The Dodgers, like every other Major League team, really have two spring camps happening side by side. There's the one where established players such as ace Clayton Kershaw and slugger Matt Kemp warm up for the regular season, and then there's the camp for guys who are simply fighting for a spot on the big league club. Veteran reliever Mark Lowe falls squarely into the latter category.
Lowe made his Major League debut with the Mariners in 2006. He played with Seattle until he was sent to Texas in 2010 as a part of the Cliff Lee trade. His stint with the Rangers ended after a strained muscle in his right side limited him to 36 appearances last year. After weighing a handful of options, the potential of the talent-laden Dodgers led Lowe to sign a Minor League deal with the club.
"They're going to be a winning team, first and foremost," he said. "I've been on both sides of it. I've been on really good teams and I've been on really bad teams, and when you win, it makes things a lot more fun."
The Dodgers already had a deep bullpen before signing Lowe, but as manager Don Mattingly pointed out, relievers can fluctuate from one season to the next. Trying out free agents such as Lowe and fellow right-hander Kevin Gregg helps the club keep their options open.
"He's a guy that's got a great arm, has had success, and a guy that really gets an opportunity to show what he can do," Mattingly said.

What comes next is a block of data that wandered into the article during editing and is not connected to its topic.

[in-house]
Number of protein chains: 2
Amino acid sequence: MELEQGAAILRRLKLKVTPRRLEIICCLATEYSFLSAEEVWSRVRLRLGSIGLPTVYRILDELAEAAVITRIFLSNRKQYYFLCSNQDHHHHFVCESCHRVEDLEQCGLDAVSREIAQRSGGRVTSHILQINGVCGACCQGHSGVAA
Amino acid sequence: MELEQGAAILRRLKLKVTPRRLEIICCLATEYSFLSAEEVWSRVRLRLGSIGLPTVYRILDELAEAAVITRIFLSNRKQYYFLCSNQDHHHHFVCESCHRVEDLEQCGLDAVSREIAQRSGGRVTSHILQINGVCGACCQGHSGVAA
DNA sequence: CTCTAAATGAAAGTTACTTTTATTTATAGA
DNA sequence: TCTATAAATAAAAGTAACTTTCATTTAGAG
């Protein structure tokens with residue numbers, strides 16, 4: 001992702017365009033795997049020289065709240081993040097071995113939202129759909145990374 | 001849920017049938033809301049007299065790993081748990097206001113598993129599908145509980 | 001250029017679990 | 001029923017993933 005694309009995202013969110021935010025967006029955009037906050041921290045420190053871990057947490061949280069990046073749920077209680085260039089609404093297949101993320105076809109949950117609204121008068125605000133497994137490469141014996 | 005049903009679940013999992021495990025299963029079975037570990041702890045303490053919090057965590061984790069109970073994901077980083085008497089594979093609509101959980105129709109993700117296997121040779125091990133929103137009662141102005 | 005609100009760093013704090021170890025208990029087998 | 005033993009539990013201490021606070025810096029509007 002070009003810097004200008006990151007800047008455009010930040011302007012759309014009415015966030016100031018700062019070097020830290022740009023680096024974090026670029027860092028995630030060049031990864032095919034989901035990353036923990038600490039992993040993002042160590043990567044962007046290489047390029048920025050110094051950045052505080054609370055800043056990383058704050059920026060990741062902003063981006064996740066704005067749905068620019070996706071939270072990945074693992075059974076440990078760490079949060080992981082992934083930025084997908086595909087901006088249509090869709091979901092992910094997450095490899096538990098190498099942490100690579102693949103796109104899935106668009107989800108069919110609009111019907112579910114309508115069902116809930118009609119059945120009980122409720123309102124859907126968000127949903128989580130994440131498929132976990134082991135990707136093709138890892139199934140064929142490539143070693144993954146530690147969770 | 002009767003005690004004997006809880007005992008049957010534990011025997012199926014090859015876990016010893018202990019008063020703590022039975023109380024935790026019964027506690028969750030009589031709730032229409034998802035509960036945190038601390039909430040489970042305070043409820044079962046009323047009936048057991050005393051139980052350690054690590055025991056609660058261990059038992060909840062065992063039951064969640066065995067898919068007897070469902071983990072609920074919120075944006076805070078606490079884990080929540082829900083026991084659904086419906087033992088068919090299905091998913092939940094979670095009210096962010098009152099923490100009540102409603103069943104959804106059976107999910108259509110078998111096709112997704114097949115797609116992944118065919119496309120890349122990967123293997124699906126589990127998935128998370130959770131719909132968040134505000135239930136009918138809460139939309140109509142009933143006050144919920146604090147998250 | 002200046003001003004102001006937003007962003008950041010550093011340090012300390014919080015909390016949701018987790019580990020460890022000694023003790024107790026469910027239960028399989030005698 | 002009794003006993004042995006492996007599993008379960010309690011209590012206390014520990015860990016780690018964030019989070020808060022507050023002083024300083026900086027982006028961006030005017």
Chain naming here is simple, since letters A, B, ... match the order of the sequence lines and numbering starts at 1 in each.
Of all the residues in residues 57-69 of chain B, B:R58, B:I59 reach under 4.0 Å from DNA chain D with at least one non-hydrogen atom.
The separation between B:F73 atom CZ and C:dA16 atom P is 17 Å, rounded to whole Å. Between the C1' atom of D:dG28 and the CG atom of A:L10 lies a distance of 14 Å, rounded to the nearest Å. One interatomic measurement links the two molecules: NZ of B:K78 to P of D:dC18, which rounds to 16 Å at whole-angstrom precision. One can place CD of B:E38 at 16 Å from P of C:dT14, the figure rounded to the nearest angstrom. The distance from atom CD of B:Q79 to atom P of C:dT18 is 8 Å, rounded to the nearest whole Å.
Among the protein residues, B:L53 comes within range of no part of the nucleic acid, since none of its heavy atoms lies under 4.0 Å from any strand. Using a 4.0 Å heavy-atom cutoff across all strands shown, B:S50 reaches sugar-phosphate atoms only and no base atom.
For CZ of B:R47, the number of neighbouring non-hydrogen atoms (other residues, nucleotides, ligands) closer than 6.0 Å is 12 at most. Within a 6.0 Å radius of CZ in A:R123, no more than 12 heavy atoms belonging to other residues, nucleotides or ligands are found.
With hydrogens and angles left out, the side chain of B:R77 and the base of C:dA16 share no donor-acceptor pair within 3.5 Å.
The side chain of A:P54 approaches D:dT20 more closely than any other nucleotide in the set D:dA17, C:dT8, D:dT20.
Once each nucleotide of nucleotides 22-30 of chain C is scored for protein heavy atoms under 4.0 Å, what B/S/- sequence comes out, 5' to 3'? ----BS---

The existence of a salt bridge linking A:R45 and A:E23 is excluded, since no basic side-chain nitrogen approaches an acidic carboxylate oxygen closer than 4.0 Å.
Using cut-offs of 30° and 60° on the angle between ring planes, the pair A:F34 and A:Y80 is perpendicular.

It's an opportunity Lowe appreciates.
"Any time you're healthy and you're pitching, there's a good feeling, regardless of if it's on a Major League contract, Minor League contract," Lowe said. "This is what I love to do, and it doesn't really matter what the opportunity is -- the fact is that I'm pitching and I'm competing. I'm doing what I like to do."
In addition to a slider, a circle change, and a mid-90s fastball, the 29-year-old Lowe also brings some veteran experience to the table.
"I've been around for a while, and I've been on good teams and have pitched in the World Series a couple times," he said, referring to appearances he made with the Rangers in 2010-11.
Lowe's contract provides him with an out on March 31 if he doesn't make the Major League roster. Should another club show interest, that's likely the path Lowe would take. If not, he could find himself at a crossroads, having to decide whether or not he'll step down to the Minors to continue his baseball career. However, the pitcher's focus is on the present, not on hypothetical what-ifs.
"I'm not even thinking about that right now," he said. "I'm just going to do what I know I can do and see what happens."
This post is part of a Cactus League partnership between MLB.com and Arizona State University's Walter Cronkite School of Journalism and Mass Communication. This story was not subject to the approval of Major League Baseball or its clubs.